PICTURE: Chris Brown headed up the Tourism Transport Forum for 18 years – but most people in the tourism industry don’t know his name. Brown left the TTF in 2010.
The Tourism and Transport Forum claims Sydney’s second airport as a key goal – even though they’ve gotten nowhere in 30 years. Ana Hadjidemitri questions how the TTF serves our tourism industry.
The Tourism and Transport Forum (TTF) no doubt serves the interests of its members and by its own admission, these members are “the 200 most prestigious corporations and institutions” in the Australian tourism, transport, aviation and investment sectors. Think Qantas, the NRMA and Sydney Airport.
The Tourism and Transport Forum represents the top end of town, but is always asked for comment on all aspects of tourism by major media.
As the so-called peak industry group for tourism and transport, the TTF advocates the public policy interests of its members as well as “lobbying state and federal governments for good public outcomes, destination and precinct developments,” says Rowan Barker, director of communication and media at the TTF.
Though the Australian tourism industry generates $35 billion a year, there is still scepticism from investors as to its viability as a profitable industry. So the TTF also has the added responsibility of convincing the general populace and government of the industry’s viability and longevity.
Says Barker, “We need to convince government that tourism is worthy of priority and to allocate resources to this industry. Directly this industry employees 532,000 people and over 400,000 people indirectly; there are employees in every electorate in Australia. We have 283,000 tourism businesses.”
Twenty board members help the TTF in its policy decisions, all representatives from stakeholder members. For example there is Ann Sherry AO, chief executive officer of Carnival Cruises who is the board’s deputy chair; Simon McGrath, chief operating officer of Accor Hospitality is also a deputy chair whilst Eddie Grobler, Australasia’s divisional president at Mastercard Worldwide is a board member.
“There are lots of competing interests and that can be a challenge, as with any industry,” says Barker of the board members. “There is often vibrant discussion as people forcefully make discussions.” However they always come together in a common goal. “Their overarching goal is to grow the pie; for tourism to get bigger.”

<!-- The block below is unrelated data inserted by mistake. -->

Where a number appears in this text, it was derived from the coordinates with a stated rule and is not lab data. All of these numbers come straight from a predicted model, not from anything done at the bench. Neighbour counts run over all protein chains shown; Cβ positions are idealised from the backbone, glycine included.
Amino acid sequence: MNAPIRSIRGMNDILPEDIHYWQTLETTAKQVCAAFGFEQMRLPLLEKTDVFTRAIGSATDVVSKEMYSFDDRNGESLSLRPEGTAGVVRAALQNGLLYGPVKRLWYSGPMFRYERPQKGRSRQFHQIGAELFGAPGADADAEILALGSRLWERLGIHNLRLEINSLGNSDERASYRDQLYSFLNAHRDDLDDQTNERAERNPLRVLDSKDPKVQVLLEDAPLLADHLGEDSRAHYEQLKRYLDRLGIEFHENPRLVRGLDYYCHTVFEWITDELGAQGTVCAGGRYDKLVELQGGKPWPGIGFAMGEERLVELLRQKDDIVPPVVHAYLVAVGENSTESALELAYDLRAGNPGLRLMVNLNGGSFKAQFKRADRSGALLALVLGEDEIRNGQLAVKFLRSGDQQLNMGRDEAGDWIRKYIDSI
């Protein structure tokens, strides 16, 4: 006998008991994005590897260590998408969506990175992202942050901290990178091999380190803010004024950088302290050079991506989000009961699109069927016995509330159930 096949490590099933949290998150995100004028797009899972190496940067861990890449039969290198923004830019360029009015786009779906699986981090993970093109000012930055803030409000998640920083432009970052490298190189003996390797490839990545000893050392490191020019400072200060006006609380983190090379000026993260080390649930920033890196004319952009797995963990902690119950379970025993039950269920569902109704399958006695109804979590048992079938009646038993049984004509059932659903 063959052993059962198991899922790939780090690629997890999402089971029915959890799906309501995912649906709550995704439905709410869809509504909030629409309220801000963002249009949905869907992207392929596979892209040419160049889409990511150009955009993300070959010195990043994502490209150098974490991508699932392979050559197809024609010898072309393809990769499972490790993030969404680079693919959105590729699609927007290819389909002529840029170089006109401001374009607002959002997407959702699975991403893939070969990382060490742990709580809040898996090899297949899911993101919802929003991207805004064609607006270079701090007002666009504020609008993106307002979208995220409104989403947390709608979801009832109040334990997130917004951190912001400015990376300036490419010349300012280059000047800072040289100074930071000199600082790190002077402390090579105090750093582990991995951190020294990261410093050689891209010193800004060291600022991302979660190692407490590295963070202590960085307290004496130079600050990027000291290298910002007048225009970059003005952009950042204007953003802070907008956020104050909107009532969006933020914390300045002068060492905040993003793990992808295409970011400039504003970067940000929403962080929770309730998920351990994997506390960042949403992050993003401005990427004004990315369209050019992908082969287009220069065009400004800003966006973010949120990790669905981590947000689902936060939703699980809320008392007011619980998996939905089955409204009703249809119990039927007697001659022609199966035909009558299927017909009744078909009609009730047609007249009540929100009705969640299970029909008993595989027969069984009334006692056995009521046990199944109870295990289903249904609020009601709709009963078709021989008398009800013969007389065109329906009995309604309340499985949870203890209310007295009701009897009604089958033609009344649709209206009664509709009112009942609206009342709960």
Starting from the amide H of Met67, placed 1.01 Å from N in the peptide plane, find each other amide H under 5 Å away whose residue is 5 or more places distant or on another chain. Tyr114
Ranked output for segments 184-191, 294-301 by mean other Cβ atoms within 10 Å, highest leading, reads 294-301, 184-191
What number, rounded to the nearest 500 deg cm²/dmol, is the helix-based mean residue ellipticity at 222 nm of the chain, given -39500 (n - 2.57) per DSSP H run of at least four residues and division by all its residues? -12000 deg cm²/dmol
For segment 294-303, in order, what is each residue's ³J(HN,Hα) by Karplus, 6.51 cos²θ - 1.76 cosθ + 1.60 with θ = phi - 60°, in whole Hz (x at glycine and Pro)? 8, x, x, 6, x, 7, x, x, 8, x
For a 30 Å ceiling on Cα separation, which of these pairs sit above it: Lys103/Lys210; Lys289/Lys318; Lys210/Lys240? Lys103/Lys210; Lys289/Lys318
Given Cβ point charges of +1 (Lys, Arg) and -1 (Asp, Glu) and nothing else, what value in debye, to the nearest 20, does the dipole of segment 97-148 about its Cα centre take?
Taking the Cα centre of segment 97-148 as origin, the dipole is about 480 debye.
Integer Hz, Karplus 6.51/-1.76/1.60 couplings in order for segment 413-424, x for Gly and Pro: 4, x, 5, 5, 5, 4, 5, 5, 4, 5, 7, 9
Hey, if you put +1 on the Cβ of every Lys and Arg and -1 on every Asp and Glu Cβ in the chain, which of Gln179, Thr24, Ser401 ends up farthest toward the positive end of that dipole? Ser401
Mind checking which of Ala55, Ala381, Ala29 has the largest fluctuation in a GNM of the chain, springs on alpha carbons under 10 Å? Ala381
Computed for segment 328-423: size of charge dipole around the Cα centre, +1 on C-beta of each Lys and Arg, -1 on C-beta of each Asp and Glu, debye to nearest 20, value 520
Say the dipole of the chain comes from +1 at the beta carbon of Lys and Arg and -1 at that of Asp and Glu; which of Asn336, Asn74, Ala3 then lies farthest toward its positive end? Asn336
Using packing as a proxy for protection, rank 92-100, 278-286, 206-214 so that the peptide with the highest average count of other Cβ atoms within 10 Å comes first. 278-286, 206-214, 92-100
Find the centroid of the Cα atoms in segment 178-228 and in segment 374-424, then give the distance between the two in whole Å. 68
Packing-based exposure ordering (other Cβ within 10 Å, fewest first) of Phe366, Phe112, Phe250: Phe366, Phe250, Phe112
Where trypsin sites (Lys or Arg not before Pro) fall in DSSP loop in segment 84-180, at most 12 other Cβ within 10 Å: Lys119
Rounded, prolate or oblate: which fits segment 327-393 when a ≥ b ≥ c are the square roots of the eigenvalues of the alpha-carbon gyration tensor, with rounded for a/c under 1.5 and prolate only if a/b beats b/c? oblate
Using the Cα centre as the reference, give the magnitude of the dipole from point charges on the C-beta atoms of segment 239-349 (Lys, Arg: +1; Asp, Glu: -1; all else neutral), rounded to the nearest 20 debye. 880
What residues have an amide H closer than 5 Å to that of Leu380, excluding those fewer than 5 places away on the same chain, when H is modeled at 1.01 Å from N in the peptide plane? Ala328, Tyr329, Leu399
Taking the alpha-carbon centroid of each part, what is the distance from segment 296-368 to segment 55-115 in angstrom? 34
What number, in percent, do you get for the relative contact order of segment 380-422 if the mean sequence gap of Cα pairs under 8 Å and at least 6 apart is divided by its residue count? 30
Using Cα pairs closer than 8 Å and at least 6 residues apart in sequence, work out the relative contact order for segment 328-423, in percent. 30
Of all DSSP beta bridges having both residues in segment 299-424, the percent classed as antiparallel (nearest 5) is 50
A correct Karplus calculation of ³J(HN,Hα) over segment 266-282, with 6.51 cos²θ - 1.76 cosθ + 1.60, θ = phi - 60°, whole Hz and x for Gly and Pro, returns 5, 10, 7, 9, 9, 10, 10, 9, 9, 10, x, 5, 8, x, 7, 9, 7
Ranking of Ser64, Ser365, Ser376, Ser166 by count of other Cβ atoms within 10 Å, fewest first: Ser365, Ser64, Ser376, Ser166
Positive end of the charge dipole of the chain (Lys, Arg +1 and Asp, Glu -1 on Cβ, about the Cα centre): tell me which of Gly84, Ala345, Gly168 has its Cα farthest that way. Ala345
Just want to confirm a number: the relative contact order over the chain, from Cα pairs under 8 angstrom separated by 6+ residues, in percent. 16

The phrase ‘growing the pie’ has been held up as one of the key justifications for American banks used as they created money out of nothing and cost workers jobs in the name of cost cutting, profit driving. Growing the pie does not imply that the pie is shared around.
Board members do not deny they use their board standing to help (or hinder) certain policies and issues that ultimately serve the interests of their respective corporations. In other industries, vested interests on boards are frowned upon. For Australia’s tourism industry, vested interests are just another day at the office.
The TTF feels it has accomplished much for its members, and they consider the freezing of the Passenger Movement Charge (PMC) the major accomplishment within the last 18 months. The PMC was introduced in 1995 (to replace the departure tax) as a means of recovering the costs associated with border processing at airports.
Throughout history, this tax has risen to cover the increased processing costs at airports – for the 2000 Olympic Games the tax had risen to $40 per international passenger, by 2008 it has increased to $47 ‘due to national aviation security measures’ and in 2012, for no know reason it reached $55. This tax is collected by international airlines and remitted to the government.
Only outdone by the United Kingdom who charge 94 British pounds (US$142.70) for long-haul flights, Australia is one of the highest collectors of this tax.
“The Federal government in the budget for May 2013 proposed to increase and index to inflation the PMC,” says Barker.
“So the TTF campaigned hard against this index and lobbied the Coalition and the Greens to vote down the charge,” says Barker. Whilst the TTF could not manage to decrease the amount, it succeeded in freezing the charge to its present $55 per international passenger over 12 years of age. So for the term of the new Coalition government, the PMC will remain as is. “
The TTF also lobbied for the recently employed Opal Smartcards in NSW. Whilst political and contractual issues have been said to be the reason for their overdue arrival, the TTF are happy about the result.
“They take the mystery out of travelling,” says Barker. “They are convenient for regular commuters and simple for people who don’t use public transport often. Just get on, tap on and tap off. It makes travel a seamless and unforgettable experience.”
And what of the future?
Barker says that Australia needs to capitalise on any opportunities for growth and suggests that the government should focus their resources on capitalising on Asian Century opportunities. With Prime Minister Tony Abbott having claimed in his election campaigns to make Asia his top priority if elected, this may not be too far off.
The TTF also hopes to expand the working holiday maker scheme, is lobbying for a secondary Sydney airport at Badgerys Creek and is pushing for a review of penalty rates.
Sydney’s second airport hey? If land was pegged out for Sydney’s Second Airport in the 1970s, and the Tourism Transport Forum say they’re lobbying for it, the simple question then becomes – who out of this group of members doesn’t want the second airport built?
Some of them? All of them?